I have a post on how to use Tailwind for Pinterest, if this sounds like something that would help you.

What are ‘monthly unique viewers’ on Pinterest?

The number of monthly unique viewers you get on Pinterest is basically the number of people’s screens your pins have appeared on.

It’s as simple as that.

pinterest

Not the amount of people that have seen YOUR personal pins from YOUR website – you know, the ones that actually matter and lead people back to your blog posts – but EVERY pin you share.

This means that if you share popular pins from other people to start off with (which is recommended), as well as your own, the amount of people seeing your pins is going to be pretty high.

What this number does is demonstrate your reach on the platform, which, to be fair, can be quite interesting. Plus, if your reach spans millions of Pinterest users, the chances are, your traffic IS growing. But the two aren’t necessarily connected.

Do your monthly unique viewers affect your traffic?

While some bloggers do claim that an increase in their Pinterest reach has correlated with an increase in their blog traffic – which makes sense – I’ve personally found that there’s no correlation. I’ve had a high number of unique views on Pinterest while my blog traffic – the traffic that actually matters – has tanked and vice versa.

I’m not saying that my Pinterest views negatively affect my blog traffic. Not at all! I’m saying that it’s a vanity metric and not a stat you should focus on. For example, in the beginning, I was getting over 200k viewers on Pinterest but >100 pageviews to this blog.

Now, I will say, that obviously, as your reach on Pinterest grows, as will your blog traffic.

While the two aren’t necessarily directly linked, growth is growth and the longer you’re on Pinterest, the higher in the algorithm you’ll rank because the higher Pinterest will rate your site and content.

In turn, your traffic SHOULD rise.

How did I use Pinterest for bloggers to increase blog traffic?

While there is a wealth of free information out there on Pinterest for bloggers, the best way to get straight to the valuable parts and make progress quickly is by investing in a Pinterest course.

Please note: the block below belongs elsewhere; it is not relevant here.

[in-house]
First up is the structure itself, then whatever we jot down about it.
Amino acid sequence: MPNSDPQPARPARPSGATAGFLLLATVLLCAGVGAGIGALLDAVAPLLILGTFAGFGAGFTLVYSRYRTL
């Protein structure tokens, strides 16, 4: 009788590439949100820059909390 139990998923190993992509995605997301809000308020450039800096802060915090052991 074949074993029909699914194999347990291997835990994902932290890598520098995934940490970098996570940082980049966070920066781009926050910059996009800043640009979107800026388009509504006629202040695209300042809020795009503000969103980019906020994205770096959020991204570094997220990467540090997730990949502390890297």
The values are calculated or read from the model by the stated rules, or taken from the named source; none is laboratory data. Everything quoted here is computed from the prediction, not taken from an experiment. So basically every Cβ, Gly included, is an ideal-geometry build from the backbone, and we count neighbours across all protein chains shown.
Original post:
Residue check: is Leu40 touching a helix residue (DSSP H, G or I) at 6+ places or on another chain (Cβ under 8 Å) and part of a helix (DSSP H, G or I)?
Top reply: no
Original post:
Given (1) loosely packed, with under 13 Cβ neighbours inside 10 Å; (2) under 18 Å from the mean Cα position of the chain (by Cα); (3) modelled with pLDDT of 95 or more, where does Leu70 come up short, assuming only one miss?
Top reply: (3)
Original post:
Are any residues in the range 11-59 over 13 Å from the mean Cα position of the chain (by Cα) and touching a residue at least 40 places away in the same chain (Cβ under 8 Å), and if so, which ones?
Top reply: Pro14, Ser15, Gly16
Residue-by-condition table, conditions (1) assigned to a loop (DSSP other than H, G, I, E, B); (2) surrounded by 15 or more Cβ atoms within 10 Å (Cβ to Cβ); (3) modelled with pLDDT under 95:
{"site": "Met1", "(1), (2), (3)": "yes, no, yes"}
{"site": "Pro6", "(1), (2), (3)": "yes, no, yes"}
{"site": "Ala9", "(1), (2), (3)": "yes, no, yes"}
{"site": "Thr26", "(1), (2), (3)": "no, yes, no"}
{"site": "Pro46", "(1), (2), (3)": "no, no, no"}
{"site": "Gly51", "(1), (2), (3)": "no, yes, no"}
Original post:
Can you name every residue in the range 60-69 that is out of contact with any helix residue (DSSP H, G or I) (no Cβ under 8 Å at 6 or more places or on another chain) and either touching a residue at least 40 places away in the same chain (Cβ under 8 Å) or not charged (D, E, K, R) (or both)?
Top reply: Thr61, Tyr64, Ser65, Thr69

And boy did I take my fair share of Pinterest courses.

By far the best one that I took was Pinterest Traffic Avalanche by Create and Go.

Using the clear steps in this course, I went from 0 – 1000+ pageviews on my blog within months.

This meant I was able to monetise it pretty quickly.

99% (literally) of this traffic was from Pinterest.

Therefore, it shows that when you get the basics right and follow the steps good things DO happen.

The key to growing your blog traffic through Pinterest is, like Google, moving higher up the algorithm so that more people see your pin and click through to your content.

Create and Go’s course shows you precisely how to do this quickly in management, bitesize chunks.

Figure out your own Pinterest strategy and develop

Once you have been pinning your pins to them for a couple of weeks, you can analyse them and see if they’re working out for you.

This is another one of the many reasons to get Tailwind because the app analyses them for you.

Tailwind also has this feature called ‘Pin Inspector’, which tells you how your own pins are doing, what people are clicking on, and ultimately what content helps your audience the most.

As a blogger using Pinterest, you really learn as you go along.

Over time, you’ll begin to develop your own strategy, which you can tailor and switch up as and when you feel you need it.

Pinterest, and blogging in general, is all about trial and error, particularly at the beginning, so don’t be discouraged if you’re not getting 100,000 hits a week right off the bat.

Pinterest can give your traffic an immediate boost but you still need to work your way up the ladder.

As I’ve already said: just keep writing and posting your own, fresh, quality content and the pageviews will come.